Ambassador Kelly’s Media Interaction at the Strategic Communications Program Launch (February 20)

Ambassador Kelly speaks at the Strategic Communications Program Launch
Ambassador Kelly speaks at the Strategic Communications Program Launch

 

Ambassador Kelly’s media interaction at the official launch of the Government of Georgia Strategic Communications Program funded by the U.S. Embassy

Q-n about the Strategic Communications Program funded by the U.S. Embassy

Ambassador Kelly:  I was very pleased to participate with the Prime Minister to kick-off this very important training program. We believe that strategic communications—disciplined messaging—is very important for any government to be able to achieve its goals, and I think that in this respect, we are very interested in supporting Georgia achieve its goal of integration with the Euro-Atlantic community. So we are very pleased to be able to share our experience in crafting and implementing a strategic communications plan. We look forward to supporting this effort and the Georgian government not only today, but every day, until Georgia does attain its goals of joining the Euro-Atlantic community.

Q-n about the report of the Director of National Intelligence regarding internal and external threats for Georgia

Ambassador Kelly:  I can certainly subscribe to the concern that was expressed at the hearing, that the occupation of 20 percent of Georgia’s territory by the Russian Federation is a tremendously destabilizing factor here in Georgia; that when it runs counter to the various agreements that Russia signed in 2008 to withdraw their troops back to their original positons, ten years later they’re still there.  And that is obviously a big concern, and that is why we have a consistent policy of recognizing Georgia’s territorial integrity within its international boundaries.  Regarding the other statement by the Director of National Intelligence, I think that it’s very important in any democracy that there be a strong opposition that is able to express its views and participate in the political life of the country.  I feel confident that the Georgian government recognizes this and has the political will to develop a democratic system that would be pluralistic and multiparty.  Again, I think the most important thing here is that there is a political will to make the reforms necessary to have a truly pluralistic political environment here.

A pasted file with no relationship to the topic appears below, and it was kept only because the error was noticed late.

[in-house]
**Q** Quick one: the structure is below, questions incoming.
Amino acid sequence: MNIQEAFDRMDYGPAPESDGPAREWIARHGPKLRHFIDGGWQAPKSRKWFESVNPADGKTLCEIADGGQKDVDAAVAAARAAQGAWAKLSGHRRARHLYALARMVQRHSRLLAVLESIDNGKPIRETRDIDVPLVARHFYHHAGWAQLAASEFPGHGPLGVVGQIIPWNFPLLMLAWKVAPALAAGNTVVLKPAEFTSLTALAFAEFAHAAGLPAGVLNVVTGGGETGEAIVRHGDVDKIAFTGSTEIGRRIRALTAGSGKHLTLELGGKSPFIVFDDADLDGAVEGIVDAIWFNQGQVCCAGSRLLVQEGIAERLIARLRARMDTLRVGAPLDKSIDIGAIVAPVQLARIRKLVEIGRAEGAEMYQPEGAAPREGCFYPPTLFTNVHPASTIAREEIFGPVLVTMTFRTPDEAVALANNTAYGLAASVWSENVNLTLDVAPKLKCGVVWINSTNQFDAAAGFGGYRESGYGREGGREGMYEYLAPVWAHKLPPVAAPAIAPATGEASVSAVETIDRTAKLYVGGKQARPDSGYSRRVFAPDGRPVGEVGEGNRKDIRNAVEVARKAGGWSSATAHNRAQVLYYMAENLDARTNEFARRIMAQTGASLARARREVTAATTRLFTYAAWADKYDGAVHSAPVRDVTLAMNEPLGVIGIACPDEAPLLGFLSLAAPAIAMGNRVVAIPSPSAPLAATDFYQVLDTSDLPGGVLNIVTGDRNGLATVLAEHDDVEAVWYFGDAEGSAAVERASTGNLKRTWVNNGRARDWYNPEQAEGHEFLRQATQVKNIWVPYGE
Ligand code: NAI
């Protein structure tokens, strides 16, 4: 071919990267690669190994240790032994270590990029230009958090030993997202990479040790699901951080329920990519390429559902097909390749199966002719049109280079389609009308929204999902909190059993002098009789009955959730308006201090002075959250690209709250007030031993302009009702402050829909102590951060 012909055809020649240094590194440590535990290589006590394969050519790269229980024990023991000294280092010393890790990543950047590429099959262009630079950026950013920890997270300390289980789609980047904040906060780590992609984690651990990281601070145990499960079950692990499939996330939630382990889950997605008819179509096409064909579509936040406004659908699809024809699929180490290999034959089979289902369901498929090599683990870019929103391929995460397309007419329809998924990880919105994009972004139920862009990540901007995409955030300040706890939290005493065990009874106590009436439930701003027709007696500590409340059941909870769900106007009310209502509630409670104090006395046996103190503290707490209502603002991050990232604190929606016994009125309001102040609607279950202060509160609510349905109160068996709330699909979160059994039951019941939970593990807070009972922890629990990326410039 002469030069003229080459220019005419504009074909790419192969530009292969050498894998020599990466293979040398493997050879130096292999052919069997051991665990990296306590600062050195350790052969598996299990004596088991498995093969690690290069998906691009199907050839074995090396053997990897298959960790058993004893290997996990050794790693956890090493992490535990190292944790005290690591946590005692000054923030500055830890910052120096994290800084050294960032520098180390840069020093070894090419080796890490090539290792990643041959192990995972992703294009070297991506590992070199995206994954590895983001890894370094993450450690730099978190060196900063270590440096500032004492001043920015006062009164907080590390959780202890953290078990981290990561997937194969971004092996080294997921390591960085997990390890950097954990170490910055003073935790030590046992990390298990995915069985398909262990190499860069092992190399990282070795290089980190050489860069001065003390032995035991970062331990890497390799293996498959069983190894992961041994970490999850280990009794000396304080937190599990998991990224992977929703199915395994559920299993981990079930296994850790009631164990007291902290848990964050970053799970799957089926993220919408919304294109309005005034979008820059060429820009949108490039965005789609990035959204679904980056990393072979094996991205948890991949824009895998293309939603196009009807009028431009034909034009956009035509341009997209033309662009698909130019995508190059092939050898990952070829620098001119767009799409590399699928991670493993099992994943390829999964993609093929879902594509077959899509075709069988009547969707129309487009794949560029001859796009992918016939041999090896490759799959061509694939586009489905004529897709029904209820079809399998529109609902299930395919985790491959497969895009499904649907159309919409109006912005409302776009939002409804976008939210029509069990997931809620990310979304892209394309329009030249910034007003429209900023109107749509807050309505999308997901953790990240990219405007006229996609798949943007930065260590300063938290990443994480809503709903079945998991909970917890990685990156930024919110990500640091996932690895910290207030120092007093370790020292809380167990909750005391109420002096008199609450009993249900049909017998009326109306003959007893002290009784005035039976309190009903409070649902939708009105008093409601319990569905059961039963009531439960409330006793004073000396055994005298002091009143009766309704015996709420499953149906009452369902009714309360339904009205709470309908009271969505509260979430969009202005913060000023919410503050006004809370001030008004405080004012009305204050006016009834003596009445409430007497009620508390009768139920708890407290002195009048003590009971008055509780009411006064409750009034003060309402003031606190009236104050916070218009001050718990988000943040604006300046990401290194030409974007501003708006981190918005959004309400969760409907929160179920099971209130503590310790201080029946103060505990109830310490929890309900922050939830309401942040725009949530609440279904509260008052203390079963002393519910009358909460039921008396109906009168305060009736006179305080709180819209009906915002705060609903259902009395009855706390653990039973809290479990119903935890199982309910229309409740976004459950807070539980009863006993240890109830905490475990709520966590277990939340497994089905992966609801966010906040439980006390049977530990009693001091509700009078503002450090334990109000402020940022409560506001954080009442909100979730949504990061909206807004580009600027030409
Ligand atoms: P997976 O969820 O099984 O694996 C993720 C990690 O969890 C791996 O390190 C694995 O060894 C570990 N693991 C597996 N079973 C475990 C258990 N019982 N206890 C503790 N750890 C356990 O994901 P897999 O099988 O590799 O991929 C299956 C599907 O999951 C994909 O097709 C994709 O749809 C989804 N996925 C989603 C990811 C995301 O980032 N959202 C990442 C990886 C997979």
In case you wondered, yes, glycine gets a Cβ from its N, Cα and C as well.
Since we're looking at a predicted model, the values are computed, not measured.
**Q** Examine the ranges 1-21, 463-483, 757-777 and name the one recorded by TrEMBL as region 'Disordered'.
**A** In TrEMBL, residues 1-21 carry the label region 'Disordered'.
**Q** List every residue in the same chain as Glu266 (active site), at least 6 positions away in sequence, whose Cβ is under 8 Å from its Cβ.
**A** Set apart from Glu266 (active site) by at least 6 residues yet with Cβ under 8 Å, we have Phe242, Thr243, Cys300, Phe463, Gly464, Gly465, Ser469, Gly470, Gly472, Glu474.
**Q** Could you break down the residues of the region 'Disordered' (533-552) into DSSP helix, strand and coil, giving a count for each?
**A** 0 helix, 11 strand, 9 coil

Q-n about how can Georgia prevent complications with visa-free travel

Ambassador Kelly:  Well, I think obviously this is a question better addressed to my good friend Janos Herman, but I think that the important thing is the topic of this conference – communications.  I think it’s important that the Georgian government communicate to its citizens their responsibility to abide by the terms of their entry and not do anything to go beyond those terms—whether it’s not working, or most importantly, not overstaying their permission to stay in the European Union longer. This is something that is in the interest of all Georgians; the Georgians that are very scrupulous about abiding by the terms of their entry. Visa-free travel does not mean indefinite stay.  I think is the main message, and I have been encouraged that a number of Ministers, Minister of Foreign Affairs and others have said, that Georgians need to obey the law.